My complaints with the pacing of FFXIII are multifold from the frequency of save points to the battle system, even the item and story progression. You’ll often encounter save points on both sides of a cut-scene and then go through an entire “level” without one unless there’s a boss battle. There’s no rhyme or reason to the placement for many of the save points, but they do serve a secondary purpose: upgrading your equipment and shopping the miscellaneous “eCommerce” stores.

This secondary purpose raises more issues with the game thanks to the extreme scarcity of materials used for upgrading equipment and gil that is provided early on. Well I should state that you’re given enough materials to upgrade a couple of items a number of times but that presents yet another problem. You’re given so many weapons and pieces of equipment that you can’t upgrade them all which adds insult to injury because if you’ve spent any time upgrading any of your early weapons they’re far more powerful than anything you receive later in the game.

Even the pacing at which you upgrade equipment is strange with some items only requiring 300-500 points to level up and others requiring 1000+. There’s even a multiplier mechanic thrown in for good measure that requires the heavy usage of junk materials to increase the bonus multiplier for materials consumed while upgrading. You can keep bumping the multiplier with junk to reach a 5x multiplier (I think) but it requires a metric ton of junk as the highest I’ve reached is a 3x multiplier. This multiplier isn’t permanent, however, as beneficial materials used will decrease the bonus multiplier.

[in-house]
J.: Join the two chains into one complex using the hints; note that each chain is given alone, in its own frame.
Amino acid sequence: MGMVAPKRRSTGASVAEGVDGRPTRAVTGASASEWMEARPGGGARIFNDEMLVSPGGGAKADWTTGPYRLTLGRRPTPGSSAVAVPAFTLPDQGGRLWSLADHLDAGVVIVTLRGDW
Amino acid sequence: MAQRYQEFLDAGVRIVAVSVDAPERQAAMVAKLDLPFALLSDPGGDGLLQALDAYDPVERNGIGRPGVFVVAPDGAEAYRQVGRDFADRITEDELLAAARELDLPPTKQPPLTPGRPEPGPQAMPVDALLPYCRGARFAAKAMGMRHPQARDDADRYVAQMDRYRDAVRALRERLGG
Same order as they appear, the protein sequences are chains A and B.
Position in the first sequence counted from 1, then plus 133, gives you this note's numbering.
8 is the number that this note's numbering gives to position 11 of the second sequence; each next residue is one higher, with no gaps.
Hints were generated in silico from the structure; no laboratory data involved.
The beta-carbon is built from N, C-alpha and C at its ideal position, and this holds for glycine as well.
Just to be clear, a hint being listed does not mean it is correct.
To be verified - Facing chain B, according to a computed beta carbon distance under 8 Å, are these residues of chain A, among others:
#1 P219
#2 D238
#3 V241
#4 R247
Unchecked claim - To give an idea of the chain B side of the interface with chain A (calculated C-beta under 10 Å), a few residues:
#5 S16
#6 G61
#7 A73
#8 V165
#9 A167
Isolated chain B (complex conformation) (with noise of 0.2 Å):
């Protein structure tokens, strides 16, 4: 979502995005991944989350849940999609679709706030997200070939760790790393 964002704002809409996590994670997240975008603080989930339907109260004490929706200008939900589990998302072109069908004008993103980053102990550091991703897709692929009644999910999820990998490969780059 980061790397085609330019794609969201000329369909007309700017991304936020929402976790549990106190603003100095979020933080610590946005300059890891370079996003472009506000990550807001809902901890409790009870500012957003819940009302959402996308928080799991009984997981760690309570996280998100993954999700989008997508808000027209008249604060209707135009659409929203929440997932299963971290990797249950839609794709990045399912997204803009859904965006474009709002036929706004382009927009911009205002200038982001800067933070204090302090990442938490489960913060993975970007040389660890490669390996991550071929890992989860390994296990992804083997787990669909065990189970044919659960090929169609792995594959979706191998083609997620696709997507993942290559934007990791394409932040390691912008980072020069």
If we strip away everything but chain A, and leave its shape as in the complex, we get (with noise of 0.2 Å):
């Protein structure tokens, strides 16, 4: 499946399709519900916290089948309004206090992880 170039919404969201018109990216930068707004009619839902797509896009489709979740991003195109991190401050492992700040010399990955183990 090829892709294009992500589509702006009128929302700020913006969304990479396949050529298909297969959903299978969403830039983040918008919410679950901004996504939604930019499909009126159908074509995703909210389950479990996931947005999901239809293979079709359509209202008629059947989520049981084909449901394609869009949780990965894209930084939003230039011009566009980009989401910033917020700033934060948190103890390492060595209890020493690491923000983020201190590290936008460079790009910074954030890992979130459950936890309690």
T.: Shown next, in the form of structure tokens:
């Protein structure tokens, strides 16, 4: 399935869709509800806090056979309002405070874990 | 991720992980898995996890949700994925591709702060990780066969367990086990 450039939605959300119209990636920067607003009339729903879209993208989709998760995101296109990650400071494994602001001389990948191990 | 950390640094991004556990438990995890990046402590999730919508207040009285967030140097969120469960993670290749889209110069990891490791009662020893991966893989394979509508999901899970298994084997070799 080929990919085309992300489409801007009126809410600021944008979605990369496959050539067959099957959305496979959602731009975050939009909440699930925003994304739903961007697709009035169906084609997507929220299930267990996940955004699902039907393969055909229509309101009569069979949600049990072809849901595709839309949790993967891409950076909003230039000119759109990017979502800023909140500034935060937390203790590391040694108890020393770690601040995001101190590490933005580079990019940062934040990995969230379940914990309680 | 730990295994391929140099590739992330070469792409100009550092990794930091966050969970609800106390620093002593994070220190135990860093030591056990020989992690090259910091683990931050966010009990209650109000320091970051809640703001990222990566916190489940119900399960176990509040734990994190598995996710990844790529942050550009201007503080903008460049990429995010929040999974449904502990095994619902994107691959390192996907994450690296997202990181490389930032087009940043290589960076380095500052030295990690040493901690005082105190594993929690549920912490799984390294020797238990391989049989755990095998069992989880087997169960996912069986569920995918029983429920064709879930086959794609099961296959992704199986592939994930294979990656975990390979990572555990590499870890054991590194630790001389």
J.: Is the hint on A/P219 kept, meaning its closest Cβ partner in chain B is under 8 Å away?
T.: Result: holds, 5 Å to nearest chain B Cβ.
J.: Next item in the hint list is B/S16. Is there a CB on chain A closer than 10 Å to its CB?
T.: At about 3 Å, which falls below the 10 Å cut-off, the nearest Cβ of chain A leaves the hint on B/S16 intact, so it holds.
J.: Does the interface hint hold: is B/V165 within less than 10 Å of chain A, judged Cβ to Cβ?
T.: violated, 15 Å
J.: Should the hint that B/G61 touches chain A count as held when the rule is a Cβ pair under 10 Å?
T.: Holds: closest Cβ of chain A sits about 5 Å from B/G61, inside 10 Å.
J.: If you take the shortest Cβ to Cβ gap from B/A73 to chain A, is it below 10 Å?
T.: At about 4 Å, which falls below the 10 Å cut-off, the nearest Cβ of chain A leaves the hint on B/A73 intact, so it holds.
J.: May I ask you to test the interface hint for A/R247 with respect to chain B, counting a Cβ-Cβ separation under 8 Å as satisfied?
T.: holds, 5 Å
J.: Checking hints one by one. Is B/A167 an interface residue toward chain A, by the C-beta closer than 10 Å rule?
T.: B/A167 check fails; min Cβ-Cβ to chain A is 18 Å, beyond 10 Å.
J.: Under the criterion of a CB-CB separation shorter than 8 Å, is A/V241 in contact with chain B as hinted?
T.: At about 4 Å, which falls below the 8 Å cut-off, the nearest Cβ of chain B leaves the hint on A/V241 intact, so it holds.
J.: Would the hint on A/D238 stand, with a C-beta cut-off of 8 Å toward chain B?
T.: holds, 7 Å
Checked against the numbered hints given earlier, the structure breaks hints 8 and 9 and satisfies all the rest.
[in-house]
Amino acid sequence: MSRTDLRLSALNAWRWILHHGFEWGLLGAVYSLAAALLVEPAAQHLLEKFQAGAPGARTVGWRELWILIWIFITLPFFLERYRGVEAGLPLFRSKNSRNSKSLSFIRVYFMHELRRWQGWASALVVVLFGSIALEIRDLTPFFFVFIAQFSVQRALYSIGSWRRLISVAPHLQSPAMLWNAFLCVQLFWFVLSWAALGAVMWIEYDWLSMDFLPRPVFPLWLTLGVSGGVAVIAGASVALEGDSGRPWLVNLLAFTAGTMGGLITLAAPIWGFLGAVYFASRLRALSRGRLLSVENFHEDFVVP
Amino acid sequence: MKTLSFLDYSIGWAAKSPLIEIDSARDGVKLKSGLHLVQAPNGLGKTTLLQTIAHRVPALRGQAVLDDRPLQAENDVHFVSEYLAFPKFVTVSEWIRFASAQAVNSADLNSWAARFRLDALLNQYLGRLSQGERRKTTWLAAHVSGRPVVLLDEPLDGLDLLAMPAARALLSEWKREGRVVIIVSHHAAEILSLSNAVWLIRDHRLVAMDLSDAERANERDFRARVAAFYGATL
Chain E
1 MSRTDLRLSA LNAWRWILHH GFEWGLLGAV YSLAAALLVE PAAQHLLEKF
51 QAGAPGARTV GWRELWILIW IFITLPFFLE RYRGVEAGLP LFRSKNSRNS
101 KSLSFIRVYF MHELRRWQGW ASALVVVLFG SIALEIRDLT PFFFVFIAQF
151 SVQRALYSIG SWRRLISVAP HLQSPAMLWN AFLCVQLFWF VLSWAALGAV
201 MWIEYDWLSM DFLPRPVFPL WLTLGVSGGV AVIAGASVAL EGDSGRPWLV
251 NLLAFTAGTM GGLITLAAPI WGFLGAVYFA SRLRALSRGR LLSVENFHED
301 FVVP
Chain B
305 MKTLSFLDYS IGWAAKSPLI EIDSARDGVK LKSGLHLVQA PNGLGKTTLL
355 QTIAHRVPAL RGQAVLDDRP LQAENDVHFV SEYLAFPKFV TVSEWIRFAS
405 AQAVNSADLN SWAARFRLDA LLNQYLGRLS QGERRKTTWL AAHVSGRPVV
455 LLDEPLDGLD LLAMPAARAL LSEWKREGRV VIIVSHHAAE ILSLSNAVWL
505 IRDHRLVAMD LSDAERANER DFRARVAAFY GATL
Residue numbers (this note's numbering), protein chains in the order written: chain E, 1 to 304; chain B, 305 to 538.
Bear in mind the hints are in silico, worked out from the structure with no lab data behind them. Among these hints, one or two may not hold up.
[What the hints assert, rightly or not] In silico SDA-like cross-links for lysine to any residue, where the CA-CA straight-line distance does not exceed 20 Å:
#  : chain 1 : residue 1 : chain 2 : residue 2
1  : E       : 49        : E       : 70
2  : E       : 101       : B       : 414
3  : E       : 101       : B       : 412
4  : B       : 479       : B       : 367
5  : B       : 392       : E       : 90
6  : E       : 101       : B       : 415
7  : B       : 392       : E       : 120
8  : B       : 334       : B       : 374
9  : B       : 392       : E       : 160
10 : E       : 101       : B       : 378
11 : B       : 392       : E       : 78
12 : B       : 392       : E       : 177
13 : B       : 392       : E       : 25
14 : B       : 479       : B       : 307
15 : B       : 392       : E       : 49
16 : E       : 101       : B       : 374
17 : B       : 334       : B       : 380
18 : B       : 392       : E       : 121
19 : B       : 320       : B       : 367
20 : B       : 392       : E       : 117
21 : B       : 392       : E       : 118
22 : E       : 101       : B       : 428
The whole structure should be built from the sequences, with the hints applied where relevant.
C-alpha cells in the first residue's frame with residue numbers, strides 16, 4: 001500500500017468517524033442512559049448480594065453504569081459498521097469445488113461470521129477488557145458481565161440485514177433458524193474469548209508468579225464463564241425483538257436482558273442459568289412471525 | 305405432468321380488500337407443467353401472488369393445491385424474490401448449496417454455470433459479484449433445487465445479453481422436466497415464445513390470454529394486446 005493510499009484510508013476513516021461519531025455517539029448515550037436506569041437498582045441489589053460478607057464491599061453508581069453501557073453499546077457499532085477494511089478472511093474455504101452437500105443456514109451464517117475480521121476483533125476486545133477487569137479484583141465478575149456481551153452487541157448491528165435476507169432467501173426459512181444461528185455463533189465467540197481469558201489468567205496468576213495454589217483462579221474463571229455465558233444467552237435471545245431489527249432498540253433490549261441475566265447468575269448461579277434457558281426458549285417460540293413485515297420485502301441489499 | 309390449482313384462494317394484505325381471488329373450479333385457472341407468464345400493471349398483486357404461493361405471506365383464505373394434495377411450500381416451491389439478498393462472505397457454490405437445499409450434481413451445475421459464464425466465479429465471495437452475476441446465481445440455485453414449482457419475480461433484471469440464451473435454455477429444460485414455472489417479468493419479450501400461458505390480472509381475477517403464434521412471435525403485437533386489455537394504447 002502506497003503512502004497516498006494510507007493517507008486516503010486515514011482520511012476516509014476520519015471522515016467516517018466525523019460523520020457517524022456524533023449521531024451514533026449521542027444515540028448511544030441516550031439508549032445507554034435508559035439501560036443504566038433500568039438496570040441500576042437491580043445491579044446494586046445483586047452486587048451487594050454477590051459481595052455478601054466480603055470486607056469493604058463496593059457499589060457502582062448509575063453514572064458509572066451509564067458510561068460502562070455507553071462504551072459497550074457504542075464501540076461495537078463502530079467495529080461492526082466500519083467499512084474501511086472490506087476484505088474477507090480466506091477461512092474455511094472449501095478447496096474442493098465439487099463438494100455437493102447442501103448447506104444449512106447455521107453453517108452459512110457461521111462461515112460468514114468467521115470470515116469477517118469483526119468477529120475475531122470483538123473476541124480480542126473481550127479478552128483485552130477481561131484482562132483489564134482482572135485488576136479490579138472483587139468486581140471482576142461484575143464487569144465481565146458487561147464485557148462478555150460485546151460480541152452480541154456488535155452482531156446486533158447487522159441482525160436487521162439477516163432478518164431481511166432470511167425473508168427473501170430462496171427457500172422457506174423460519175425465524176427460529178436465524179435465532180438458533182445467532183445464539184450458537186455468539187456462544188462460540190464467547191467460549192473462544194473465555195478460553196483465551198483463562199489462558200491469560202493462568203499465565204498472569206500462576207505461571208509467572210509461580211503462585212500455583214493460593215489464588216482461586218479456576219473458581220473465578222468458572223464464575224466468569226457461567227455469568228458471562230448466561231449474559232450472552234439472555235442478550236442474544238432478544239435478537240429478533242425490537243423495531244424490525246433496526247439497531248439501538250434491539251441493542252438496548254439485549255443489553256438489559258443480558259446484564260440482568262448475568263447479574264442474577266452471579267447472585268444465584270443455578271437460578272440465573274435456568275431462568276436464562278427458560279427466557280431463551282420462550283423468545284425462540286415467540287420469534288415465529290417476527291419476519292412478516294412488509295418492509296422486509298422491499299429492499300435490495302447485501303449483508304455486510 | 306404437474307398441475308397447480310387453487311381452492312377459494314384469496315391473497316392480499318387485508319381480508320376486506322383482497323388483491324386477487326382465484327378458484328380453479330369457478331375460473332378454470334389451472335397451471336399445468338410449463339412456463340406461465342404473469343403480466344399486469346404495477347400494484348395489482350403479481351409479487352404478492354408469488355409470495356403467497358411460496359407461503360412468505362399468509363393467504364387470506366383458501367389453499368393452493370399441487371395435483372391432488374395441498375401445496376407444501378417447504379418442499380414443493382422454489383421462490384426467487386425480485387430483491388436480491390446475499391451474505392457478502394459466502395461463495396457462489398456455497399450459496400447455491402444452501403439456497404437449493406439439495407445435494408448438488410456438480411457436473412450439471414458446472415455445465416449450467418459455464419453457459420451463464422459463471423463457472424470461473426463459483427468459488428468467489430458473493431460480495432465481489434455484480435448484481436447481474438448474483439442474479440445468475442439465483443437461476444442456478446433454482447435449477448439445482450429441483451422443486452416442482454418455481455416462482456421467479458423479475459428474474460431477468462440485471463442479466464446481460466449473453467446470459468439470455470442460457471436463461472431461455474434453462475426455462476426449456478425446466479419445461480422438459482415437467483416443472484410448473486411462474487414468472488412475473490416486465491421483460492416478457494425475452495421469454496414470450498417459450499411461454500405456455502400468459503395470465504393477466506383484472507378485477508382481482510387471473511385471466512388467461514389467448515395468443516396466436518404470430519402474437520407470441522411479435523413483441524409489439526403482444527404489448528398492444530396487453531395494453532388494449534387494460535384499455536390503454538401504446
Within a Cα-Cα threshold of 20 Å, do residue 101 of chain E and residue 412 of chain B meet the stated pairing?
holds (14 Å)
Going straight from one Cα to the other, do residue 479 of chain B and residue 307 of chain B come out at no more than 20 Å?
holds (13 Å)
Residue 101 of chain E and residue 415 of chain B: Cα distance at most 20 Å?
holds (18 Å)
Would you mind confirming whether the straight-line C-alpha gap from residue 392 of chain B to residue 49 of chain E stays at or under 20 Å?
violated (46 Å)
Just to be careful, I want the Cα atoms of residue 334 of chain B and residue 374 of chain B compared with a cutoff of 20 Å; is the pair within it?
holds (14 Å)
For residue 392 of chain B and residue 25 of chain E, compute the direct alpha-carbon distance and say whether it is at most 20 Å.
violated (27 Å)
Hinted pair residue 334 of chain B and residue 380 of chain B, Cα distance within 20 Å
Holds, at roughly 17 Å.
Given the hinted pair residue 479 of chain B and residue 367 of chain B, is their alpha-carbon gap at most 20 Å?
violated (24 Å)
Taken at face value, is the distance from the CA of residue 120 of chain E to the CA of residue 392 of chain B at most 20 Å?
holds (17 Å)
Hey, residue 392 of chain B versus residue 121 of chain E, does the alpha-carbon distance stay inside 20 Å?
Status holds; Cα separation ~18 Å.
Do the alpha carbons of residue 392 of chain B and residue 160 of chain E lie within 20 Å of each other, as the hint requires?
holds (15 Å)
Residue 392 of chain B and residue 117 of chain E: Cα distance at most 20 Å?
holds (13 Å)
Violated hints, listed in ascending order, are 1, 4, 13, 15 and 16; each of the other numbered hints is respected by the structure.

Certain types of materials are better for upgrading different kinds of weapons and equipment but you’re not given an interface to make this process simple and easy to understand. You’re forced to pick a weapon or piece of equipment and then manually go through all of your materials one at a time to see if it’s beneficial or not. It’s all very convoluted and horribly executed and explained.